Flutterby™! : Firefly

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2006-02-06 19:33:55.906019+00 by Dan Lyke 4 comments

In light of Diane's statement in the comments yesterday that she didn't know what "Firefly" was, and since there's been mention (1/2/3) of it here before.

Firefly[Wiki] was a TV show that aired 11 episodes (14, including a long pilot, were shot) and was canceled in 2002. Despite the fact that 14 episodes were shot, the pilot was apparently never aired, quite a bit of the story was aired out of order and... well... I can understand that nobody figured out how to market it, because, frankly, I'm still not sure why I find it so compelling. And if I'd seen it out of order, I'd probably not be nearly as anxious to find out what happens next.

Serenity[Wiki] was a 2005 movie with the same actors, characters and settings that (hopefully!) wrapped up a bunch of the Firefly[Wiki] storylines.

It's "Gunsmoke" or "Bonanza" meets "Star Trek" if Han Solo were Captain Kirk and the dialog were written for the live stage. At times I want to say it borders on ironic camp, but somehow it isn't, because even when the scenery and setting is pushing the boundaries of my credulity, the characters just have so damned much heart.

The setting is half a decade after the end of hostilities between the Alliance, the powers of civilization, and the denizens of the outlying colonies, somewhere on the borders of human expansion through space. Settlers on these newly terraformed planets and moons are living subsistence lives, with horses and dusty agriculture and six shooters, and livestock and fresh strawberries are the items valuable enough to be smuggled.

Enter the characters who live somewhere in the middle of this economy and its political situation, captain and crew of "Serenity", a Firefly-class spaceship (of which, we're told, there are forty thousand plying their way between these outer planets), paying for fuel and goods with whatever sorts of jobs they can pick up on the fringes (and apparently making a fairly good living, even though we only ever see the jobs gone wrong).

It's a character study with laugh out loud dialog, it's subtext in lines that seem to be saying exactly what you think the subtext already is, it's unabashed melodrama played straight, it's overwrought phrasing that's still in character for a strong silent type. It's a setting of absurd contrasts that somehow works.

Mal: "We're not gonna die. We can't die, Bendis. You know why? Because we are so...very...pretty. We are just too pretty for God to let us die."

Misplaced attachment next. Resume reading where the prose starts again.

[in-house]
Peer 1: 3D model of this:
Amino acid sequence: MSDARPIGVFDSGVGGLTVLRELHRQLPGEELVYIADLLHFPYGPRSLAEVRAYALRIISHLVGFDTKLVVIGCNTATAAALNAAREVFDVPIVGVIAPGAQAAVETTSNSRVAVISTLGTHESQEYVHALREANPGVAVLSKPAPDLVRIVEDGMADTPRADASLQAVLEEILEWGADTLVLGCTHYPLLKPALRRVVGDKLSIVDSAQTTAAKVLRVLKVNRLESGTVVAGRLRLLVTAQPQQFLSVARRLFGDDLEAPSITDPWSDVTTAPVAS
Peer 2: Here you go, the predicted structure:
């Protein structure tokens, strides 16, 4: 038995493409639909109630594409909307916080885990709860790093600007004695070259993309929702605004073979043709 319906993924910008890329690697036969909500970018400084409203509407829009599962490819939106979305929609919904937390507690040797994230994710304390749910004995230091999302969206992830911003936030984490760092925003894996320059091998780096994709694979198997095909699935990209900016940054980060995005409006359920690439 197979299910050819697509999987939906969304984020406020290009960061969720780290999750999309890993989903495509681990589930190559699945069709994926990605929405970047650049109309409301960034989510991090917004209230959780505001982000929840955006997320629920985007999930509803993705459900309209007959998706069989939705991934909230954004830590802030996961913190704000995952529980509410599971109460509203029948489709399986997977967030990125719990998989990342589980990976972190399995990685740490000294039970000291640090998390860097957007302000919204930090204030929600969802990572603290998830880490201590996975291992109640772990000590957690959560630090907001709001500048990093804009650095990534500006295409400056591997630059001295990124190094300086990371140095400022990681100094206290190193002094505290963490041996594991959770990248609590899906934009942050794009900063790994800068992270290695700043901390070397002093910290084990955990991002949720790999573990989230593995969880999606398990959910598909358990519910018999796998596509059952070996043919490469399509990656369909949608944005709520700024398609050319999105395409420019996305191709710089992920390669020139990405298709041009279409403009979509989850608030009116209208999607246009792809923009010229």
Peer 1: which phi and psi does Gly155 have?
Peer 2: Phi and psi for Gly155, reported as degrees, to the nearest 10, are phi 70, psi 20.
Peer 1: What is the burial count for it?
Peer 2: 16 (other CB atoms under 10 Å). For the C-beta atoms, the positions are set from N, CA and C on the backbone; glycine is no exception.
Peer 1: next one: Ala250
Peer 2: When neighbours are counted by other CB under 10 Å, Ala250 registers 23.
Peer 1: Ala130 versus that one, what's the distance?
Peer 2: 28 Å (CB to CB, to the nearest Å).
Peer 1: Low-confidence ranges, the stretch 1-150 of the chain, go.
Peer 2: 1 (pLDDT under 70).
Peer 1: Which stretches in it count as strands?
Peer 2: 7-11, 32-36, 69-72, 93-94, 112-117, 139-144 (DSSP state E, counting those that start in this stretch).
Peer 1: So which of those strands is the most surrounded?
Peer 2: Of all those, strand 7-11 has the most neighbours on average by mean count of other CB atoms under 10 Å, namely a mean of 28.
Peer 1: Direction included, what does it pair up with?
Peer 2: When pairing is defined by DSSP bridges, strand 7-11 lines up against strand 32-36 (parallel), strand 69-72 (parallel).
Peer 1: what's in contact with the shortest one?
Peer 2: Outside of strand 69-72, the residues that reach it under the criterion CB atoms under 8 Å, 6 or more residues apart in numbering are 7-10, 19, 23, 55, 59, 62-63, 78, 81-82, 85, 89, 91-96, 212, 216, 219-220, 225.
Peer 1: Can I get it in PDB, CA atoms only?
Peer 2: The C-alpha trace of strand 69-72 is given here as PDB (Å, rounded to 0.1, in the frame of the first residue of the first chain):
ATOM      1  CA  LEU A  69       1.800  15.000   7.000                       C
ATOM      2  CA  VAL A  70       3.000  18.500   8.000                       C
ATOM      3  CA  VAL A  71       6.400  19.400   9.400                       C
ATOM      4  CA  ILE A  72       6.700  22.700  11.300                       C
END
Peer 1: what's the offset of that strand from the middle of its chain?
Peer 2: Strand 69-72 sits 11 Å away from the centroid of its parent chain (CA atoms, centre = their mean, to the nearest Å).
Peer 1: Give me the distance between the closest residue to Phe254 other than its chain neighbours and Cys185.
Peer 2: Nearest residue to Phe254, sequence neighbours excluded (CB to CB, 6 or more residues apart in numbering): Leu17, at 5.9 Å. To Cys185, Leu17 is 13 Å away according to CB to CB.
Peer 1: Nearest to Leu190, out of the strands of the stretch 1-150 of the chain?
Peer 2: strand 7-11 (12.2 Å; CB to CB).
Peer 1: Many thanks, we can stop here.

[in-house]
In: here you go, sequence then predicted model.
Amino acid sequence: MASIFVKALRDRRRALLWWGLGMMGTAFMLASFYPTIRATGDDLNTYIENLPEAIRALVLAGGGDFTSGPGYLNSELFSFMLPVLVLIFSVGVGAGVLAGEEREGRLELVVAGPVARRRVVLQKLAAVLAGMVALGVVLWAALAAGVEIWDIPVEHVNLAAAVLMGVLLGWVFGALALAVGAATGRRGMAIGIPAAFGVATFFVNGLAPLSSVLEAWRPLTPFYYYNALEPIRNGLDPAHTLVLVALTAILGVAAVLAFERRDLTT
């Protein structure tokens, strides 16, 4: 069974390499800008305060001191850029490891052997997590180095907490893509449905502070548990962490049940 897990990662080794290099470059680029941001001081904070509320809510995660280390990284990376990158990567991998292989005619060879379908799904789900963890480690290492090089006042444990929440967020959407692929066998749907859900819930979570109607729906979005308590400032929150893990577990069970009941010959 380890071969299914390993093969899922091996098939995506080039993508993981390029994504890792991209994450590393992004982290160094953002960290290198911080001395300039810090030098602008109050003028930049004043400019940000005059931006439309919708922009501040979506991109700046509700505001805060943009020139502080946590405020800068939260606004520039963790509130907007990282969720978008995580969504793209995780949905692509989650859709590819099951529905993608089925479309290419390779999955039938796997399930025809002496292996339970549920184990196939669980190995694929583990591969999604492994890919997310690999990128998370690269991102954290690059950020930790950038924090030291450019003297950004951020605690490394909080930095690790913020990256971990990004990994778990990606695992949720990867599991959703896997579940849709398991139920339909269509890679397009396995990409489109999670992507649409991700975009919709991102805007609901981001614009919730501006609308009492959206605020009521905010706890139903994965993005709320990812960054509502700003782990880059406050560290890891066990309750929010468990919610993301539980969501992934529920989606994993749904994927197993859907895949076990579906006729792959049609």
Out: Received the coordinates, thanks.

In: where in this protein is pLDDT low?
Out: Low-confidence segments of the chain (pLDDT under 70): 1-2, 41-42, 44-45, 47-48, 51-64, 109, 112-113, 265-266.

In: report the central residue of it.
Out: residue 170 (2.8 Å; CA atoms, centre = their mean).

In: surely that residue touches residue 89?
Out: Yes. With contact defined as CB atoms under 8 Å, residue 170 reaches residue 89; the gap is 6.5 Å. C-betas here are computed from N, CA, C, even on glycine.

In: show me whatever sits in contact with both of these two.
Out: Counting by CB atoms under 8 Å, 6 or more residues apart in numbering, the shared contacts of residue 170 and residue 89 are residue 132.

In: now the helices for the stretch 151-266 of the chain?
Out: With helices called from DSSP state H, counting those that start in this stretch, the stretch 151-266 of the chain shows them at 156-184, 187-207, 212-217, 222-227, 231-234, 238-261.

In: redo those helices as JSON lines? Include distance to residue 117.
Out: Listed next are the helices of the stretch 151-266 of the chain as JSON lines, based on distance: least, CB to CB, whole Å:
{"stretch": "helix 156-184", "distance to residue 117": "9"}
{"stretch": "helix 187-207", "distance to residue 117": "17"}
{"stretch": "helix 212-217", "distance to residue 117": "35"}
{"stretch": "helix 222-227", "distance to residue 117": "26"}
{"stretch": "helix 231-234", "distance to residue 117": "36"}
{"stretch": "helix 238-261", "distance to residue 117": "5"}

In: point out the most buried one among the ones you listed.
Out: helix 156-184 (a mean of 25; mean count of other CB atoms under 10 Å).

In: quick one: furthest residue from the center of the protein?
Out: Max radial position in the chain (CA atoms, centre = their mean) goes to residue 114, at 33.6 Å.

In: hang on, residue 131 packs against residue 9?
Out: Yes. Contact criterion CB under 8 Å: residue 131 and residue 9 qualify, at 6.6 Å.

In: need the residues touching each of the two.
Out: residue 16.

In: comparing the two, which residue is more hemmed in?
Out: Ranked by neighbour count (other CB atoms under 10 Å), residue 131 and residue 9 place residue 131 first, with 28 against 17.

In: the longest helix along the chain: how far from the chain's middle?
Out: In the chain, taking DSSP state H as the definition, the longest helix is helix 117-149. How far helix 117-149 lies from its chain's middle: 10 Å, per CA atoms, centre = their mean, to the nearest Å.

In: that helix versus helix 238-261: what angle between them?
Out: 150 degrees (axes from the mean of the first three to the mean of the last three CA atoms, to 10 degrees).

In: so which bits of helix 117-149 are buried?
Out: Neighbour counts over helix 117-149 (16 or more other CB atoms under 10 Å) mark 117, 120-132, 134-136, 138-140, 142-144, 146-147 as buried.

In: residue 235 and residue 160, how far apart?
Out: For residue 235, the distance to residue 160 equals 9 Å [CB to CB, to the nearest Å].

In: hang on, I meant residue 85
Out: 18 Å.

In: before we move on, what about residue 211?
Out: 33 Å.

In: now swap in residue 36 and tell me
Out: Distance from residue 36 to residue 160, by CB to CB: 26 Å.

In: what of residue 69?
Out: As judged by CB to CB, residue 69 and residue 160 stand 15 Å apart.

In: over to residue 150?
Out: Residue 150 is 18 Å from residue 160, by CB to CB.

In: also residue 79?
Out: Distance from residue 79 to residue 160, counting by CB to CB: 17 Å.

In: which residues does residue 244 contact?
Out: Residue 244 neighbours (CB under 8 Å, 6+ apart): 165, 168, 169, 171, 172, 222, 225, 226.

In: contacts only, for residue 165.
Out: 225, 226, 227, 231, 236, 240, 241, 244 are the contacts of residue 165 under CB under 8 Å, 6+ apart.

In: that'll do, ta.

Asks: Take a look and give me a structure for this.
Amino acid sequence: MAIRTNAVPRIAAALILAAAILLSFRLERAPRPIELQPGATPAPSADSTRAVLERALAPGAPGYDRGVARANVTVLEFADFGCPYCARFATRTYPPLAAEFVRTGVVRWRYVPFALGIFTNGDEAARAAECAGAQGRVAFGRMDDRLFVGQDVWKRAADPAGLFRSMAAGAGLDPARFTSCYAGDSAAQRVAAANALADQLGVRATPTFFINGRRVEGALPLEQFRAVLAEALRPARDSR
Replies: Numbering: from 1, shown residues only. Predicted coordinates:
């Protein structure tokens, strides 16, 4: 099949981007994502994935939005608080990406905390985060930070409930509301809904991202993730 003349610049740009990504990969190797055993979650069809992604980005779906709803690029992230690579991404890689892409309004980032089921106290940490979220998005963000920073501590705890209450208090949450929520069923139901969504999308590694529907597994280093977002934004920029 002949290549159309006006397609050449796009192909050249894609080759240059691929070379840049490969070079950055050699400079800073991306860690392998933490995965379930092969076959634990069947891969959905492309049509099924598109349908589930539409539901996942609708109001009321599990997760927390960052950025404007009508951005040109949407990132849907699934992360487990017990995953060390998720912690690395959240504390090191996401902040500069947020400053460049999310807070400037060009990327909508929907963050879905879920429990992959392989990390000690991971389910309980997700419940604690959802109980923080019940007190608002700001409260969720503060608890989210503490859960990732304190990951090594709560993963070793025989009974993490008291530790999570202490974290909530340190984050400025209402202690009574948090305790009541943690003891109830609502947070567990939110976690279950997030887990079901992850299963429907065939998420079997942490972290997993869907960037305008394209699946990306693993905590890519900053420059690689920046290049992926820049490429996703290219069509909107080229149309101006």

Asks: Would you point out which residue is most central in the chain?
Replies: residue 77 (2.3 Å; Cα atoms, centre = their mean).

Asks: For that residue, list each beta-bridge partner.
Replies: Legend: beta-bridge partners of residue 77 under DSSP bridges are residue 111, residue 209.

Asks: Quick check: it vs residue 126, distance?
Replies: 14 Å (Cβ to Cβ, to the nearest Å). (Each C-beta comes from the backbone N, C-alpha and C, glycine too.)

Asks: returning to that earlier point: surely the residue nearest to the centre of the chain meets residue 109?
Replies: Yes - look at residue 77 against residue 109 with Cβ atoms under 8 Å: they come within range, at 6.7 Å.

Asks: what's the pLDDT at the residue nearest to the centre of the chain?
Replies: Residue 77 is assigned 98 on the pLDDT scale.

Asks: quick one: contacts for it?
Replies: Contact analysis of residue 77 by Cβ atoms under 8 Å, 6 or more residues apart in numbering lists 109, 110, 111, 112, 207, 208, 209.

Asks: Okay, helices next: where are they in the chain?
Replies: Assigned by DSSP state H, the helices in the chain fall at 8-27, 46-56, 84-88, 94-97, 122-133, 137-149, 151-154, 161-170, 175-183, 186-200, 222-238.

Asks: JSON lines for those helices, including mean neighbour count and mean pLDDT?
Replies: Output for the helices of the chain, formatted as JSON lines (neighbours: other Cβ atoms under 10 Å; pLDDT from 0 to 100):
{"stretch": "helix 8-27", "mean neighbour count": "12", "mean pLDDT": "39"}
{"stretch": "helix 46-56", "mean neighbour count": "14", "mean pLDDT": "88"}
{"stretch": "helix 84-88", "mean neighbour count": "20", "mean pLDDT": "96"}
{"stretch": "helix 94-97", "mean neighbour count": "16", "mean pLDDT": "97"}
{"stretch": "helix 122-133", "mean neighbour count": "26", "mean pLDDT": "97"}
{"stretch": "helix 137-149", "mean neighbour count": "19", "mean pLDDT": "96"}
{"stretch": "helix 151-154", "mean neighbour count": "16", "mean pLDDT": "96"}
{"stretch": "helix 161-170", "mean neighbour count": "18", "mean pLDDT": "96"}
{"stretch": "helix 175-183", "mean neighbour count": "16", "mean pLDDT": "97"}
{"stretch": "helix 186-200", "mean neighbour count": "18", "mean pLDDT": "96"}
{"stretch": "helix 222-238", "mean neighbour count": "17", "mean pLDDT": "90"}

And I'd tell you more, but I'm already regretting that I picked up some of the spoilers from the movie (and how long has it been since I've cared about spoilers in any medium?), so I'm being really careful to just read the Episode Guides (and associated scripts) for the episodes we've already seen. Because we're doing a bunch of "wait, what's that character's motivation..." type discussion, for which we've been referring back to the scripts.

So I can recommend tracking down the DVDs with the show on it and starting with the pilot episode. And if it feels a little campy, know that it accepts that, and even with that when Kaylee (the ship's mechanic) pats the side of the ship and says "that's my girl", there manages to be a hell of a lot more heart than when Heath says "I can't quit you, Jake" in Brokeback Mountain[Wiki].

Firefly Wiki, IMDB page for Firefly the TV series, IMDB page for Serenity the movie.

[ related topics: Religion Politics Technology and Culture Movies Star Trek Television Economics Joss Whedon - Serenity / Firefly ]

comments in ascending chronological order (reverse):

#Comment Re: made: 2006-02-06 20:13:34.820409+00 by: Dori [edit history]

My personal take on it is that Firefly is the flip side of Trek. What happens to all the people who don't want to join the Federation/Alliance? Maybe the Federation/Alliance is wonderful and all, but there are always some people who don't quite fit into any given culture.

It might also help in understanding Firefly if you know that many of the typical old west cowboys were ex-confederate army soldiers. It's the history of the losing side -- in their heads, they're heroes. In the eyes of the Federation/Alliance, they're losers & criminals.

Me, I love any SF that has at least one strong or smart woman character. A TV show with four strong and smart women characters? And they're all strong and smart in different ways? Yeah, I fell hard for Firefly.

#Comment Re: made: 2006-02-06 20:19:06.653934+00 by: Shawn

Slight correction:

'Serenity' is a Firefly-class spaceship.

And Serenity (the movie) is a fine wrap up to the shot episodes - while still leaving a door open for more.

If you don't want to beg, borrow or purchase the DVDs, the Sci-Fi channel bought the show last year and has been showing all 14 (I'd heard 13, but Dan's probably splitting the pilot into two airings) episodes as the lead-in to their Sci-Fri Friday lineup (Firefly -> Stargate: SG-1 -> Stargate: Atlantis -> Battlestar Gallactica). They've now shown them all, and I'm unclear on whether they're going to continue re-showing them.

#Comment Re: made: 2006-02-06 22:17:49.163278+00 by: Dan Lyke

Re: Serenity<->Firefly: Doh. Corrected.

In the Firefly Wiki Episode Guide I see 14, zero (the pilot, as one episode) through 13. The [1] episode("The Train Job") was also written as a full in drop-in for introducing the characters, so they may not be airing the pilot, but that would be a shame. We've seen through [6], "Jaynestown".

#Comment Re: made: 2006-02-06 22:47:44.147343+00 by: Dan Lyke

Re: Dori's comment: Yeah, strong women characters, and where the lead male character describes his inability to exercise self-restraint (and avoid that "special hell reserved for child molesters and people who talk in theaters") with "But she was naked! And all... articulate!"

Yeah, strong articulate women.